Some have visuals. Summerlin residents Robert and Joanne Eckhardt keep their Kitec fittings, residue still thick inside, in a cabinet in their garage.

Yes, dezincification sounds like something out of Mystery Science Theater, but it’s a fairly straightforward process. As water goes through the fittings it corrodes the metal; zinc leaches from the brass and creates a powdery buildup inside the fittings. It’s called, in science parlance, “meringue.”

“I don’t think you want to put it on top of a Coke,” says attorney Randall Jones, whose firm, Harrison, Kemp, Jones & Couthard, represents the thousands of Clark County homeowners with Lynch, Hopper & Salzano, also of Las Vegas.

If the fittings aren’t replaced, the swelling leached zinc particles eventually clog the pipe, causing decreased water pressure, leaks and even burst plumbing. Replacing the fittings usually means replumbing the house, at a cost of $6,000 to $8,000. Afterward, a perplexing new situation often emerges. The old pipes were in the concrete foundation. To save money, the new ones have been installed above the ceiling. In scorching summer months, you need to run the water a long time before it turns cold.

The maker of Kitec, Canadian manufacturer IPEX, contends the cause of the problem here is the valley’s hard water, which comes from the Colorado River. James Carroway, IPEX’s Las Vegas-based attorney, maintains that other states drawing water from the Colorado River mix it with softer water from other sources — and thus won’t see the effects of dezincification for about 50 years.

That means lawsuits filed in those states are without merit, Carroway says. “They see this big class action going on in Las Vegas and they want to try to make a fast buck.”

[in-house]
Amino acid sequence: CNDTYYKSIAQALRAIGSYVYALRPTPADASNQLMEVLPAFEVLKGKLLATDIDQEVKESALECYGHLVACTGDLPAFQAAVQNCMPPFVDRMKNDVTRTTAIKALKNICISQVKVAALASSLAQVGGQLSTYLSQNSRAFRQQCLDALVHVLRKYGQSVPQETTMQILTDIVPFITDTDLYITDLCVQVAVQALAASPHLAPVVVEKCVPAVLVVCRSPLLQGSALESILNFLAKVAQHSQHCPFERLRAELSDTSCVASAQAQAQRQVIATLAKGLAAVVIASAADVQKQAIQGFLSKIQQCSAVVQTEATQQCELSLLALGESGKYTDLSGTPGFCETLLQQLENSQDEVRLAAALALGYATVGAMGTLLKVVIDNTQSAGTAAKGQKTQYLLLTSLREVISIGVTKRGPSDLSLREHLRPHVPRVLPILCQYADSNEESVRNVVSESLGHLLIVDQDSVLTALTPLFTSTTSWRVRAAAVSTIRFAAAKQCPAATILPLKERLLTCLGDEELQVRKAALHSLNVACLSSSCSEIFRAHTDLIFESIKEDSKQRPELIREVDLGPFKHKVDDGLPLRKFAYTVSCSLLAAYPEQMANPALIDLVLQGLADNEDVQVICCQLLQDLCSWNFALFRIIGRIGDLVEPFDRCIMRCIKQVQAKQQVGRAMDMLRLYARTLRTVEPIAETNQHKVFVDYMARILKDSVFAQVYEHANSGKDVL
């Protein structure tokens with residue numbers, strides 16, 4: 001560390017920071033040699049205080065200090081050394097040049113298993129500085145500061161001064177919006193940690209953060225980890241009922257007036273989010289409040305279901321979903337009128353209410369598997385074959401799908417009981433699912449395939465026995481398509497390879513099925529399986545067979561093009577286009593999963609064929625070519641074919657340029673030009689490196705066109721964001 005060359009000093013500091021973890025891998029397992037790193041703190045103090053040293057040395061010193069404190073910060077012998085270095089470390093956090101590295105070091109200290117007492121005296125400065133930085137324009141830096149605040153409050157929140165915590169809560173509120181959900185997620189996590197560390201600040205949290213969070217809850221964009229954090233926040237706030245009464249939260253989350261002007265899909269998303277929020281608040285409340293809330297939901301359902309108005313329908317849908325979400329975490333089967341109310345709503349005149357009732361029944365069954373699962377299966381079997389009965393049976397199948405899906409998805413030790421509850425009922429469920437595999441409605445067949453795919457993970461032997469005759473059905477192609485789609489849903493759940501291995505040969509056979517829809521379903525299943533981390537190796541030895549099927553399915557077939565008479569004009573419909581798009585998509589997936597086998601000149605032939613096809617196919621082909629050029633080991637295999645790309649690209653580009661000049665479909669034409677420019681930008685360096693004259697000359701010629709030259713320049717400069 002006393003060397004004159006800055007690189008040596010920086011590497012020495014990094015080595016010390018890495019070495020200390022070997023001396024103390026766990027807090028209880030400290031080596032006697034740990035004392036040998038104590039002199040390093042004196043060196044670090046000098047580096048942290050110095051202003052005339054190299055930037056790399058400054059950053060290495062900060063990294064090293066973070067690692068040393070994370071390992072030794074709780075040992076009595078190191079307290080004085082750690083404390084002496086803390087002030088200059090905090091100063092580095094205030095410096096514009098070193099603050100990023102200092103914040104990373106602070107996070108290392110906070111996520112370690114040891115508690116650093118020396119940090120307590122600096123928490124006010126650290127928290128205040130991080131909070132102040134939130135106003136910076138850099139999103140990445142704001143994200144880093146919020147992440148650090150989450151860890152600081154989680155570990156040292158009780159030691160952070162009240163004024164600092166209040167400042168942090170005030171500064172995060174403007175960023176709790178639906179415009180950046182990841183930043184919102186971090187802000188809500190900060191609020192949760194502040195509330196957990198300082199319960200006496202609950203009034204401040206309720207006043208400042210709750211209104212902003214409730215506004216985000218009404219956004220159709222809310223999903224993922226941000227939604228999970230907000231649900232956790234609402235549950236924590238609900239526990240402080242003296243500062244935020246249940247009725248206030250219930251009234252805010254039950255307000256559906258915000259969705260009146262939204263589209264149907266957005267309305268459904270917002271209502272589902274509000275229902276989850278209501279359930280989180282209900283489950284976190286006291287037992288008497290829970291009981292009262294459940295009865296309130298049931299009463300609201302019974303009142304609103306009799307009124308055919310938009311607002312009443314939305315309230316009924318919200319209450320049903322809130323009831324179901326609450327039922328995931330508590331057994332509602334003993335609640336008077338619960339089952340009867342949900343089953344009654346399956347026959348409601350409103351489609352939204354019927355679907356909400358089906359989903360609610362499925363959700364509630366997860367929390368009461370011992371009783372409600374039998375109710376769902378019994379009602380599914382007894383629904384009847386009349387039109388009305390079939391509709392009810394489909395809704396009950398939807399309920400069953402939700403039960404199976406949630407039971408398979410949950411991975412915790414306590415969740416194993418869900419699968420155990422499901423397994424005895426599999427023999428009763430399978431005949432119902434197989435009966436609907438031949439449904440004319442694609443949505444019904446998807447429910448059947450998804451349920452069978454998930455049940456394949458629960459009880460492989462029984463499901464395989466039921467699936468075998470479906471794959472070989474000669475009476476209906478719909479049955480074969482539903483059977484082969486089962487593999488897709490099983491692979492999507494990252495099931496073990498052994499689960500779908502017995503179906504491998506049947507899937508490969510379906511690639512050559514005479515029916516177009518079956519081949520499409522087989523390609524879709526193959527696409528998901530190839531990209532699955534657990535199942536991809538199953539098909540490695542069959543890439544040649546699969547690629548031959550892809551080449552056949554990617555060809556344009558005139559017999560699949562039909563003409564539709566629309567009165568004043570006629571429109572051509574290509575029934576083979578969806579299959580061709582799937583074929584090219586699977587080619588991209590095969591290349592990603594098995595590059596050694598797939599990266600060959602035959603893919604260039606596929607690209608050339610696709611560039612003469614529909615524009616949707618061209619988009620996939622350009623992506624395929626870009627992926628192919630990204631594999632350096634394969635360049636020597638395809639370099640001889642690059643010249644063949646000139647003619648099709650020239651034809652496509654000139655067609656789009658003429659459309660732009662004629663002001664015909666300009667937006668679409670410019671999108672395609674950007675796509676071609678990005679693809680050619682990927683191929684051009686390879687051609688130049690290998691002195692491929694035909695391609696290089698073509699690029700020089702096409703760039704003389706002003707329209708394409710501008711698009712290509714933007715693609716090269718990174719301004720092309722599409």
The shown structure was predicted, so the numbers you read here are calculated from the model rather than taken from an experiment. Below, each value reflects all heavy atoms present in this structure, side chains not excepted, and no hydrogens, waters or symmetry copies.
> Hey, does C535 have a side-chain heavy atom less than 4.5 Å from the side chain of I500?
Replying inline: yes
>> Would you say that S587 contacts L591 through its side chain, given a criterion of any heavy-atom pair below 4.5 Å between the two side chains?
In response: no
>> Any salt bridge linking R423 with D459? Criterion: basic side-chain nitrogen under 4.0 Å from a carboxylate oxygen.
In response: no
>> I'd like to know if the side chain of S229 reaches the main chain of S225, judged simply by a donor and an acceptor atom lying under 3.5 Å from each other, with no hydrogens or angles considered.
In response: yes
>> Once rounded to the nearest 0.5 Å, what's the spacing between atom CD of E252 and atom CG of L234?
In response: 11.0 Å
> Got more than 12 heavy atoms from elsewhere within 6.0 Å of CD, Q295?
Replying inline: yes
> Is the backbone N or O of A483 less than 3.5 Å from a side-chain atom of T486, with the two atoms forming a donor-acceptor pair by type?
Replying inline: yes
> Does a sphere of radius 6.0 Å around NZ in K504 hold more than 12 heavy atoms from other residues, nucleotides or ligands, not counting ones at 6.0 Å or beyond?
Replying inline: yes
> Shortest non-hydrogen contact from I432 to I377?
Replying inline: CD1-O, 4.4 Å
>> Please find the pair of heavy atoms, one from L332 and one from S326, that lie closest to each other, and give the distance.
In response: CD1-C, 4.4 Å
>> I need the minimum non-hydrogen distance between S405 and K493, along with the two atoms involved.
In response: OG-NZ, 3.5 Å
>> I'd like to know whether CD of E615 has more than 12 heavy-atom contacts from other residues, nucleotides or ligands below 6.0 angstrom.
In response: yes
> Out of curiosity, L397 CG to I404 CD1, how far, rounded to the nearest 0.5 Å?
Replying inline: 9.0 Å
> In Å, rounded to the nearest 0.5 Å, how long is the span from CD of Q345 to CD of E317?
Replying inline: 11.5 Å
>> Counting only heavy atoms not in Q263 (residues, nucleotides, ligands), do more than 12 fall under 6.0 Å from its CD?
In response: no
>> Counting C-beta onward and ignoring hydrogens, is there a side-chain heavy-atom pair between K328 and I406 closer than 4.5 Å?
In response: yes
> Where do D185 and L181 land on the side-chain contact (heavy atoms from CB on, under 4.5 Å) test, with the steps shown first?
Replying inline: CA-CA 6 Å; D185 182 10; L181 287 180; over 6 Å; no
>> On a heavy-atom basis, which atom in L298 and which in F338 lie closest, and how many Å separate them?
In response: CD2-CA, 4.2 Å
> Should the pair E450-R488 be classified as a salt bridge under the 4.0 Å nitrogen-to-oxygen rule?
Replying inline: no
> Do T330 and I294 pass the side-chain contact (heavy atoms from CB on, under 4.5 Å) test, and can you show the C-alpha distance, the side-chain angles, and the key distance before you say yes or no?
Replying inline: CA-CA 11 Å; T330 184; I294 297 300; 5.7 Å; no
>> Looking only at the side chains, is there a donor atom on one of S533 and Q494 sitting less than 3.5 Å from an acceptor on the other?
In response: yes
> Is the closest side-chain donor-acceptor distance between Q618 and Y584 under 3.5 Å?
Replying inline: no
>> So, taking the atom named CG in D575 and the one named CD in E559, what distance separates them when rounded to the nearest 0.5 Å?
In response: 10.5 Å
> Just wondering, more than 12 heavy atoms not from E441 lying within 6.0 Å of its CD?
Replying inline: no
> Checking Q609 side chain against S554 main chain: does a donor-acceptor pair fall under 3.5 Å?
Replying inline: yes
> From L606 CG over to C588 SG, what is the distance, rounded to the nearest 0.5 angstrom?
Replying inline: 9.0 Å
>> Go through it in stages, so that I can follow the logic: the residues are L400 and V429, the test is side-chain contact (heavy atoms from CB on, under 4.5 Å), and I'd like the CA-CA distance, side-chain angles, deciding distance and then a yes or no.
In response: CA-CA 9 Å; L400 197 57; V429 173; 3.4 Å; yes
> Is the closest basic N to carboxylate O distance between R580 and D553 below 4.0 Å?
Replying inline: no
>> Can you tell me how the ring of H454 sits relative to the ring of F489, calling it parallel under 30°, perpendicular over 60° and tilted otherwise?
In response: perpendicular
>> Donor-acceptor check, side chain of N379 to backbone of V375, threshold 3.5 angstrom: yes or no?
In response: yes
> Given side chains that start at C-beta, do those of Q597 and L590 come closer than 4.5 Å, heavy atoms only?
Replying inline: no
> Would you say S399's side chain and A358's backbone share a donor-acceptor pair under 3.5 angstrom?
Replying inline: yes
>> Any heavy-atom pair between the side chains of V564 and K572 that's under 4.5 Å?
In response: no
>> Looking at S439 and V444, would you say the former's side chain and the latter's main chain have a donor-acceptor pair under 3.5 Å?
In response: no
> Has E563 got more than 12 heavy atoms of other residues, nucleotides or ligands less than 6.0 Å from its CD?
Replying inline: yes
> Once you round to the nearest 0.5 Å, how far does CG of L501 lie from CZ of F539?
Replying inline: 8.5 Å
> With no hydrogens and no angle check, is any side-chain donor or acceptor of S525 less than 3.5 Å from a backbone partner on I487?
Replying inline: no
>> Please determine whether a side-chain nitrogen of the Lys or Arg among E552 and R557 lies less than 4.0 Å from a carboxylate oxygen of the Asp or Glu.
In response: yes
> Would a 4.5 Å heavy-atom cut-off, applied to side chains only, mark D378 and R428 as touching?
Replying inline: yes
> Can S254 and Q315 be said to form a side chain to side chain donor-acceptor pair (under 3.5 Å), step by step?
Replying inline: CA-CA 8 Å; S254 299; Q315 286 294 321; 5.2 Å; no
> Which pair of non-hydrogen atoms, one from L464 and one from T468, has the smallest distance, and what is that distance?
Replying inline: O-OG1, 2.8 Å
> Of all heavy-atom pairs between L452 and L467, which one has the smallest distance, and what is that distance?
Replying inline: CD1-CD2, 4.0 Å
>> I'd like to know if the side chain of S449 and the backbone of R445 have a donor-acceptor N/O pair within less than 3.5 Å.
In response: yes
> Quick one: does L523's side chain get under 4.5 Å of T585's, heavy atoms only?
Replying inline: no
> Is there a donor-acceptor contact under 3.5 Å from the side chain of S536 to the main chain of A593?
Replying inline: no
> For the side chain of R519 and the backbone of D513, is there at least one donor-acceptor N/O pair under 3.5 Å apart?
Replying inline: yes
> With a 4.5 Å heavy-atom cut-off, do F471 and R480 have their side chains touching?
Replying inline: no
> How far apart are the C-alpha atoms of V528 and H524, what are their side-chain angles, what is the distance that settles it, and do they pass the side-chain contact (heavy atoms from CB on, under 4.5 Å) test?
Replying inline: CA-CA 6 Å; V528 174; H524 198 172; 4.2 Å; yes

Dave Birka-White, attorney for homeowners with Kitec in California, acknowledges climatic differences may hasten dezincification in Clark County, but says he has seen corroding Kitec fittings in Mission Viejo, Calif., and outside Sacramento.

“These are progressive failings,” Birka-White says.

The water in most Southwest communities, including 1.4 trillion gallons pumped annually into Southern California, is derived from the same source: the Colorado River, notes J.C. Davis, a spokesman for the Southern Nevada Water Authority.


The exact number of homes with Kitec water pipe fittings is difficult, if not impossible, to pinpoint. Many homeowners will discover the problem but not know its cause.

The Clark County suit alleges Westmark Homes, American Premiere Homes and Development, Concordia Homes of Nevada, Signature Homes and Nigro Development are among the developers that used the Kitec fittings.

The recent wave of suits began here in 2006 and now includes homes built by 31 developers from the late 1990s through 2006. The largest class action suit in Clark County unites at least 31,000 homeowners. A similar suit filed last year in New Mexico represents 30,000 homes there. The scope of the problem in California is still being determined, says Birka-White.

The targets of the suits include IPEX, homebuilding companies and plumbing contractors that installed it. The primary objective is to compel the defendants to replace the Kitec fittings and compensate those homeowners who already paid to do so.

Increasingly, nervous homeowners are hiring plumbers for inspections, Jones says.